The Islamic world’s first ever Science and Tech summit. Credit: OIC. Ministry of Foreign Affairs Republic of Kazakhstan

The Islamic world’s first ever Science and Tech summit. Credit: OIC. Ministry of Foreign Affairs Republic of Kazakhstan

Officials from 56 Muslim-majority nations have come together to pledge new climate-related technology goals that included promoting microgrids, energy storage and renewable energy targets.

The Islamic world’s first ever Science and Tech summit, which ended last night in Astana, Kazakhstan, involved heads of state and government ministers from 56 Muslim majority nations. All countries pledged to increase investment in science as a way of addressing energy, food, water, health and climate change challenges. The summit included the presidents of Turkey, Pakistan, Bangladesh, Uzbekistan and Afghanistan among others.

The countries have pledged to reduce greenhouse gases by targeting 10% renewable energy shares in the national energy mixes of the Organization of Islamic Cooperation (OIC) States by 2025.

They also plan to introduce microgrids and encourage distributed standalone systems for small communities.

The countries will also design and develop energy storage systems such as fuel cells and batteries using lithium-ion and vanadium redox technolgies for small storage applications.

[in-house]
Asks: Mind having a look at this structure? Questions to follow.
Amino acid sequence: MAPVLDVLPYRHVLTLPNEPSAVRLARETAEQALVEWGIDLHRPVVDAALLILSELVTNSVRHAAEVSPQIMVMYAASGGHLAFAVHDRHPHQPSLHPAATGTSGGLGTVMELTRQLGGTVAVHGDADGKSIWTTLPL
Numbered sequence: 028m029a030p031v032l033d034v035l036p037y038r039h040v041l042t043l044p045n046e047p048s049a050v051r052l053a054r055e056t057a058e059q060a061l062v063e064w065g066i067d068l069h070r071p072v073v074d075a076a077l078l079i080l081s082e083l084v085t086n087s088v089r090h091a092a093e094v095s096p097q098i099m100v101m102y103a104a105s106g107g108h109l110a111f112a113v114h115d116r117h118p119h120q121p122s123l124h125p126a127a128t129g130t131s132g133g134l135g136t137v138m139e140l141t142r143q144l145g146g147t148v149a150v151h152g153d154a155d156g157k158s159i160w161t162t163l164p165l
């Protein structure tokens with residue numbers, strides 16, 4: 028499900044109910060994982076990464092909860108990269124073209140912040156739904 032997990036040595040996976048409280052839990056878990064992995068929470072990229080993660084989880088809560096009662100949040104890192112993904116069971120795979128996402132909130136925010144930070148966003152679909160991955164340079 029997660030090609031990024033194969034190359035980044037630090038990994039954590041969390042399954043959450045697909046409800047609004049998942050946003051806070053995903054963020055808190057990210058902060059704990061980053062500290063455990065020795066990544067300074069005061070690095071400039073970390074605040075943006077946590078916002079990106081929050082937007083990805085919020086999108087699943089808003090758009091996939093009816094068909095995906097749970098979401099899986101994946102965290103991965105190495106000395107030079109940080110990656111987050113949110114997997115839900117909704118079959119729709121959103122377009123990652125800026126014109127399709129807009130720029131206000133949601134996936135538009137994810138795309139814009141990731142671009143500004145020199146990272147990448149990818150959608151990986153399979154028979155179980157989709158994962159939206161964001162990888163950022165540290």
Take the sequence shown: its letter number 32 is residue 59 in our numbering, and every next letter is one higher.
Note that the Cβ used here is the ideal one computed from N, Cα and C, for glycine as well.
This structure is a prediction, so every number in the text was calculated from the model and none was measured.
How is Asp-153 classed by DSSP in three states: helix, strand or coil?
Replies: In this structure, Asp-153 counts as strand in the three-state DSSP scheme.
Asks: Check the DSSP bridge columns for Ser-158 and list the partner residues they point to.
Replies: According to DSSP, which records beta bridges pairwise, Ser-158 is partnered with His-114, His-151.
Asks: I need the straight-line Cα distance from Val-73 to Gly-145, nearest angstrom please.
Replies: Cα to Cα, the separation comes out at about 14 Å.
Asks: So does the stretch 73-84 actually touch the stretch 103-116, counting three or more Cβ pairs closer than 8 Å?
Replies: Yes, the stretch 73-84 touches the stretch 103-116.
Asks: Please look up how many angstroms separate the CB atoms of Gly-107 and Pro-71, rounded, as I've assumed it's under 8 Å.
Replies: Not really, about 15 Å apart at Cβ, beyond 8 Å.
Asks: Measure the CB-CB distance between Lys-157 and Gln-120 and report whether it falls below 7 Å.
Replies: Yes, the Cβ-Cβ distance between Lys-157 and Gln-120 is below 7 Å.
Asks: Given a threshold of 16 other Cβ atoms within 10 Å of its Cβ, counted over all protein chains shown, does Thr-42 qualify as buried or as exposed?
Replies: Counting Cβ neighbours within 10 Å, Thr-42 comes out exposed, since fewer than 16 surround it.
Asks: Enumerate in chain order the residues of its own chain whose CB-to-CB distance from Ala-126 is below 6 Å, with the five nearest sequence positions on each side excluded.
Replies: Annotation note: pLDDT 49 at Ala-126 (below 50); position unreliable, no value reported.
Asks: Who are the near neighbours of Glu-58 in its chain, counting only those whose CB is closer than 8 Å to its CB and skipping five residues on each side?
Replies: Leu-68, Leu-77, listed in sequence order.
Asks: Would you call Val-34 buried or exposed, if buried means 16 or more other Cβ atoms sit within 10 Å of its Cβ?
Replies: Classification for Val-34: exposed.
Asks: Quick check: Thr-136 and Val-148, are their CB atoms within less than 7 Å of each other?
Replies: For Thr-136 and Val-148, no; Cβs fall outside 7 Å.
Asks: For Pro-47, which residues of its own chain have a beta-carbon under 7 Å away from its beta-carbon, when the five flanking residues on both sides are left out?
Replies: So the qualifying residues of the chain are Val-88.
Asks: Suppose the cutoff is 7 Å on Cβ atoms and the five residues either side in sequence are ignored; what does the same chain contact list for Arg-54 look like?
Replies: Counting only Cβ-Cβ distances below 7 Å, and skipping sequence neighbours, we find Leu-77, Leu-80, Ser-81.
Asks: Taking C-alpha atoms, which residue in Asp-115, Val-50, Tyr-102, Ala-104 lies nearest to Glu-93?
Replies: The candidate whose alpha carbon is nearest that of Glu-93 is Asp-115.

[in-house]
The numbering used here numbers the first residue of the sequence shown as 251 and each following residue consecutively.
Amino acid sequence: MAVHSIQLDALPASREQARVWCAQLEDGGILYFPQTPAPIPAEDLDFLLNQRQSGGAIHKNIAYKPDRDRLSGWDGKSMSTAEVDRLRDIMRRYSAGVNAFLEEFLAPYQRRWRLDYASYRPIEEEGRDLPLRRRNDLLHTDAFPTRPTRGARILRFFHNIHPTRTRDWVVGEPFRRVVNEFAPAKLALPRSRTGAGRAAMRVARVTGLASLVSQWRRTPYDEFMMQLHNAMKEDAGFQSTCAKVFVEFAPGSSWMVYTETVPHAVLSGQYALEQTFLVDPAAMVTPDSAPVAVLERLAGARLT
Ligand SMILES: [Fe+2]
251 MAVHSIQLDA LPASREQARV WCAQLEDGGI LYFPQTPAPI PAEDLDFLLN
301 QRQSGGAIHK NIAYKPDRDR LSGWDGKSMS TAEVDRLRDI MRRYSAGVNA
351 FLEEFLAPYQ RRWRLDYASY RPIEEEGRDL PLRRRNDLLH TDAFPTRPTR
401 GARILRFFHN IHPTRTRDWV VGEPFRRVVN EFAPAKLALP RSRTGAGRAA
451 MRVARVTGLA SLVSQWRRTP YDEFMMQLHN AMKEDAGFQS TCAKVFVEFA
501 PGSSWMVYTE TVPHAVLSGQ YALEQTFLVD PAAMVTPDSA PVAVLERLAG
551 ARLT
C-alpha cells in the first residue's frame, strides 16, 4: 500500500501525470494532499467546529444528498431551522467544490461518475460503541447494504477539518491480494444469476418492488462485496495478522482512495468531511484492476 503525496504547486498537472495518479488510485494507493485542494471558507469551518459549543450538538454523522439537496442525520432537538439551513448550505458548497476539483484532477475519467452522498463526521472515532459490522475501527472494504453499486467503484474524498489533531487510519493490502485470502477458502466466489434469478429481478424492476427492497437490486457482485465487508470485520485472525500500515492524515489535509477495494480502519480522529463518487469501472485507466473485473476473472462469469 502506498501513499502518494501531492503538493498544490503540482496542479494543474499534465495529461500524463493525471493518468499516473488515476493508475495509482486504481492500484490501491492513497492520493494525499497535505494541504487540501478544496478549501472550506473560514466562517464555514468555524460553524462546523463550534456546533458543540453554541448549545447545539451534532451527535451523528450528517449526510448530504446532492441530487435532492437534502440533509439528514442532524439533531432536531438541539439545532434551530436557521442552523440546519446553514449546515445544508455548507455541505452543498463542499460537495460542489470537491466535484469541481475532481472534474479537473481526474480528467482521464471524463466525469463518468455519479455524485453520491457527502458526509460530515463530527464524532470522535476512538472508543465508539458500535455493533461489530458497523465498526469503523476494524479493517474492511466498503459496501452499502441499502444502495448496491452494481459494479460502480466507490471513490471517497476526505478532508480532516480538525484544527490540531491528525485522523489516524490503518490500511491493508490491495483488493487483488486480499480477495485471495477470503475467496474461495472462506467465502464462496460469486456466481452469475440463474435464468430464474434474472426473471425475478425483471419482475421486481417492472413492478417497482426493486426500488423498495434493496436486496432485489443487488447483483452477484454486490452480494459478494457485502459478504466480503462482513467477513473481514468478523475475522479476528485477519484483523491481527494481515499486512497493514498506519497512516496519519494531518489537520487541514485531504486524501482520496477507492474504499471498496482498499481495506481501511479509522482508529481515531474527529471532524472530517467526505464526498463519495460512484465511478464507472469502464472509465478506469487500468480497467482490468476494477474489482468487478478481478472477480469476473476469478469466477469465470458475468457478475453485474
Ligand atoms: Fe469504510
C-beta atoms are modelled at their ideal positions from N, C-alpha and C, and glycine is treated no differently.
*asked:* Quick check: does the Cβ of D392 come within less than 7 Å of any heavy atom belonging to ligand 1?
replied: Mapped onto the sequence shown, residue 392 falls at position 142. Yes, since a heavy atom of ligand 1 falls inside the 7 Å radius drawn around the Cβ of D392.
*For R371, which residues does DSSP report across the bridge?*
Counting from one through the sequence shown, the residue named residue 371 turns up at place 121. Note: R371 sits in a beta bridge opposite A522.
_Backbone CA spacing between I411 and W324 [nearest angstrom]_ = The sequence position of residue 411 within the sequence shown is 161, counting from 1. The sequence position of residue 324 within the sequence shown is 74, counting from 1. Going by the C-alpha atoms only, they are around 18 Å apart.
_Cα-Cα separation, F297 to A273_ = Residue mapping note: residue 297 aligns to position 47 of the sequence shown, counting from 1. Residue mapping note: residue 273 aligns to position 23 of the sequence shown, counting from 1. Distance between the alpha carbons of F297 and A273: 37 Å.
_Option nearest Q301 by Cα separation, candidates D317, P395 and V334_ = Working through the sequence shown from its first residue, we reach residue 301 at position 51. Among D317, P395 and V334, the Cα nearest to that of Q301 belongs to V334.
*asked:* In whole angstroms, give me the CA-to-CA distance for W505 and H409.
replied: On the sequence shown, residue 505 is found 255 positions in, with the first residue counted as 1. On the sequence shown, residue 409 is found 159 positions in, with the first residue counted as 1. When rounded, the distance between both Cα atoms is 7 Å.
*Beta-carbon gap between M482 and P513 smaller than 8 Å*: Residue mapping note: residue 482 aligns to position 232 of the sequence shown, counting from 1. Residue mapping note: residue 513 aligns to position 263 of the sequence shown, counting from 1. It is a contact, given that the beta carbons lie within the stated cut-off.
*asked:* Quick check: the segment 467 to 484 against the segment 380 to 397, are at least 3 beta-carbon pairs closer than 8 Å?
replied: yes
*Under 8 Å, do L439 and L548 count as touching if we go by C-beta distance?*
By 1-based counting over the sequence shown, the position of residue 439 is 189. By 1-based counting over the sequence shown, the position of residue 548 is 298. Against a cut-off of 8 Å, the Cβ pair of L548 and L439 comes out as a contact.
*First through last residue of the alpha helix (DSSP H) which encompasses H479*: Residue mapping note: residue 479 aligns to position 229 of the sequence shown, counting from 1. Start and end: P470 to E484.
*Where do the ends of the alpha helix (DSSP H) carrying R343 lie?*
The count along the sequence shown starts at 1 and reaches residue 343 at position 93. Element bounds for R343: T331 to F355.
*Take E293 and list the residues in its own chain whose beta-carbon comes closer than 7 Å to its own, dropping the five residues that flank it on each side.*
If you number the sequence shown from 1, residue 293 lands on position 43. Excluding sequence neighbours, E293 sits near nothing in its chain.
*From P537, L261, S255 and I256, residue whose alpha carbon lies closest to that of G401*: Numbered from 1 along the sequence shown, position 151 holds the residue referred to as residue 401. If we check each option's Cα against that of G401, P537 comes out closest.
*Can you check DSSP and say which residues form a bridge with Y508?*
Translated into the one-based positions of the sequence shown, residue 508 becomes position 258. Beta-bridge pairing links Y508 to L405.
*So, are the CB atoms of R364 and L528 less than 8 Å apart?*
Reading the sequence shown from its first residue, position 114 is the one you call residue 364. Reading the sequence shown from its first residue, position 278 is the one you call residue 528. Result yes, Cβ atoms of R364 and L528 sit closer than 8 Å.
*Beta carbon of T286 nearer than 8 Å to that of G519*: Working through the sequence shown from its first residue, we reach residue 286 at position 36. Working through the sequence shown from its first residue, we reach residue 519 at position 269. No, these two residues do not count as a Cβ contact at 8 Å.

Other pledges by the OIC nations involved nuclear energy, addressing food and water shortages, space exploration, managing big data, education and health.

OIC assistant secretary general for Science and Technology ambassador Naeem Khan, said: “As more people in the Islamic world emerge out of poverty, energy demand is increasing. This is being aggravated by climate change, with many OIC countries inhabiting climate-sensitive regions already facing desertification and degradation of land and water. Several studies have also shown a link between climate change and the subsequent effect on drought, food prices and the outbreak of conflict.

“Energy consumption and production is a major challenge in the Islamic world where many of the OIC’s 57-member states are well placed to harness the power of renewables, yet also still rely heavily in traditional fossil fuels.”

“In order for OIC member states to create a diverse energy mix that incorporates renewable energies, scientific and technological advancements will be essential. That includes advancements in energy storage technologies, greater use of distributed microgrids to integrate renewable energy and research efforts into solar cell efficiencies.”

The declaration can be found here.

Tags: oic, astana, kazakhstan, energy storage, renewables pledge, muslim-majority nations, microgrids, lithium-ion

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